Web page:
Jacob Hurwitz | Crain's Philadelphia

In this ongoing series, we ask executives, entrepreneurs and business leaders about mistakes that have shaped their business philosophy.

Jacob Hurwitz

Background:  

Jacob Hurwitz is a co-founder of American Trench, a men’s clothing company based in Ardmore, Pennsylvania. After a trip to London in 2009, Hurwitz noticed the absence of U.S.-made rainwear and spent the next two and a half years creating a rain jacket made with U.S. materials. The company launched on Kickstarter in 2013 and now includes apparel accessories such as socks and beanies. Hurwitz’s background includes working for sports apparel company Mitchell and Ness, as well as teaching high school math and spending time in the energy-finance sector.  

The Mistake:

I was starting business without getting a clear statement of work that held everyone accountable. I needed something that said, “I’m going to pay this, and you’re going to deliver that.” It’s not necessarily a legal document created by a lawyer, but it’s an executable contract.

Two years ago, a kid contacted me. He had started a knitting mill in New York City because he had gotten into the college sweater business. The venture failed, and he had all this yarn leftover. He emailed me because he had read I was using this yarn, and he asked if I wanted to buy it at 50 percent off the price. We started talking about sweaters, and he said he could develop them for us. I paid him a pretty large consulting fee to develop sweaters and make samples — and it never happened. I said, “Where are the samples? I don’t have them. I want my money back.”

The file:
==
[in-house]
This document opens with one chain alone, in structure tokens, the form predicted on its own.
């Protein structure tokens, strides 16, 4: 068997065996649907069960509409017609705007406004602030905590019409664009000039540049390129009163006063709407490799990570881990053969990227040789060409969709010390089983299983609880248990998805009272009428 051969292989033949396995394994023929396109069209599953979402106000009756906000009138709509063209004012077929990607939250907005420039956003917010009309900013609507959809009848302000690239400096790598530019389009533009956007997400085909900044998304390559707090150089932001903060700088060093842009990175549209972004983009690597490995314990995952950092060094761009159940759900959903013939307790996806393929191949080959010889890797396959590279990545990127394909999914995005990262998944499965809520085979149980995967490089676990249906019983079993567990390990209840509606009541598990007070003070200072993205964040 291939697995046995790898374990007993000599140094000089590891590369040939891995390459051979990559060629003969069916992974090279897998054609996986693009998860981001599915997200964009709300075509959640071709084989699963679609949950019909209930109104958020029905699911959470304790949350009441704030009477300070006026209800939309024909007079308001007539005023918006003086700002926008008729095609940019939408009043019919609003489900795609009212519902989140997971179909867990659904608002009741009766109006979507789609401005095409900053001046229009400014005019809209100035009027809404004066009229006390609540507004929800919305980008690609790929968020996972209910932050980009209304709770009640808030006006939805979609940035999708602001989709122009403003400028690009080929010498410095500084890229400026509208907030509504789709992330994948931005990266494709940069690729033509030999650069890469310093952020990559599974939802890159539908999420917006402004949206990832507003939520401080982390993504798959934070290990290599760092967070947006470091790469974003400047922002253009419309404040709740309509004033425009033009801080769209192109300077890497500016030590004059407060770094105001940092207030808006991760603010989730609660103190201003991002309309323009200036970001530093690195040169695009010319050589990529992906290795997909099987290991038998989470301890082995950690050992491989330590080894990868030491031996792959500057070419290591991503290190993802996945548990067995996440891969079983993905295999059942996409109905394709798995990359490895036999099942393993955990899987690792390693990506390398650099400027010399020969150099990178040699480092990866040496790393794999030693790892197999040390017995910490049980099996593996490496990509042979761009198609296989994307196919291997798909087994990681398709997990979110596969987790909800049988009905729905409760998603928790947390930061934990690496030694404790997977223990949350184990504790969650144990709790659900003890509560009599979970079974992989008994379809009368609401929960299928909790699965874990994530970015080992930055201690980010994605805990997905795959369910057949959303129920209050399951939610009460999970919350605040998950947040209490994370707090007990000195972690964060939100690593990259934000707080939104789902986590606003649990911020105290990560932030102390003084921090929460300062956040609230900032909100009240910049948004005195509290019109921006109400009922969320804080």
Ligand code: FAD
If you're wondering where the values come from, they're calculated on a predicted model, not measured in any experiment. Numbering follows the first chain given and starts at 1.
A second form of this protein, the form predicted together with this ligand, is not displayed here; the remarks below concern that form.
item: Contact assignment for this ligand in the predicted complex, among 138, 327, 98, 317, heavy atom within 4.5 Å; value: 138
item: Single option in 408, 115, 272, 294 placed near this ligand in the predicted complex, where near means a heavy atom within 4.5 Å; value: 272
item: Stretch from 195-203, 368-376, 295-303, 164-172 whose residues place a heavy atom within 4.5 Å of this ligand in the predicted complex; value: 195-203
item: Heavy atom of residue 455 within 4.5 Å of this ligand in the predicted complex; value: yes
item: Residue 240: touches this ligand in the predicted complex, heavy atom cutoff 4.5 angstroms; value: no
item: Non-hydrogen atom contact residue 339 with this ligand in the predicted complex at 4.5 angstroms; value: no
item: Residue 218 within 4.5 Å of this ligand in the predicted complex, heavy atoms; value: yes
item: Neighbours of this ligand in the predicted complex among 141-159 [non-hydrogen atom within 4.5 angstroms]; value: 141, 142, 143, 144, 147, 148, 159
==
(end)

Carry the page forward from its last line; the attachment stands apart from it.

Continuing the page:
He had already spent my money. I didn’t get mad at him or threaten to sue. I let it go. It was a rookie mistake, and he felt bad about it, but at the same time, it’s not like he was going to return the money; he didn’t have it. He was a hustler and ended up restarting a knitwear business, but this time around he did it smarter.

I’m working with him again, and he’s doing a lot of free samples because he knows he owes me. I’m glad we didn’t have a horrible fallout because I feel this second time around is potentially great for both of us.

I should have been more formal and less trusting.

The Lesson:

I should have been more formal and less trusting.

The non-pay incidents have been when we gave people credit terms right off the bat, instead of saying you either pay upfront or we don’t ship. With almost all stores we now say [every] first order is a credit-card payment. Every time I have an issue, [it turns out that] if I had just stuck to that rule, we would have been okay. I would never have had a non-pay issue because I would have sniffed them out. That’s true of every non-pay event, and we’ve had three or four. Most of them have been a small amount of $800 or less. One was $2,000, and that hurt a lot.

We’re trying to build something sustainable and profitable. I don’t have the mindset that says, “Let’s go hard at this, not make any money and worry about it later.” 

American Trench is on Twitter: @AmericanTrench.

Photo courtesy of American Trench

Do you have a good story you’d like to share, or know someone we should feature? Email jfisher@crain.com

And be sure to sign up for your local newsletter from Crain's Philadelphia.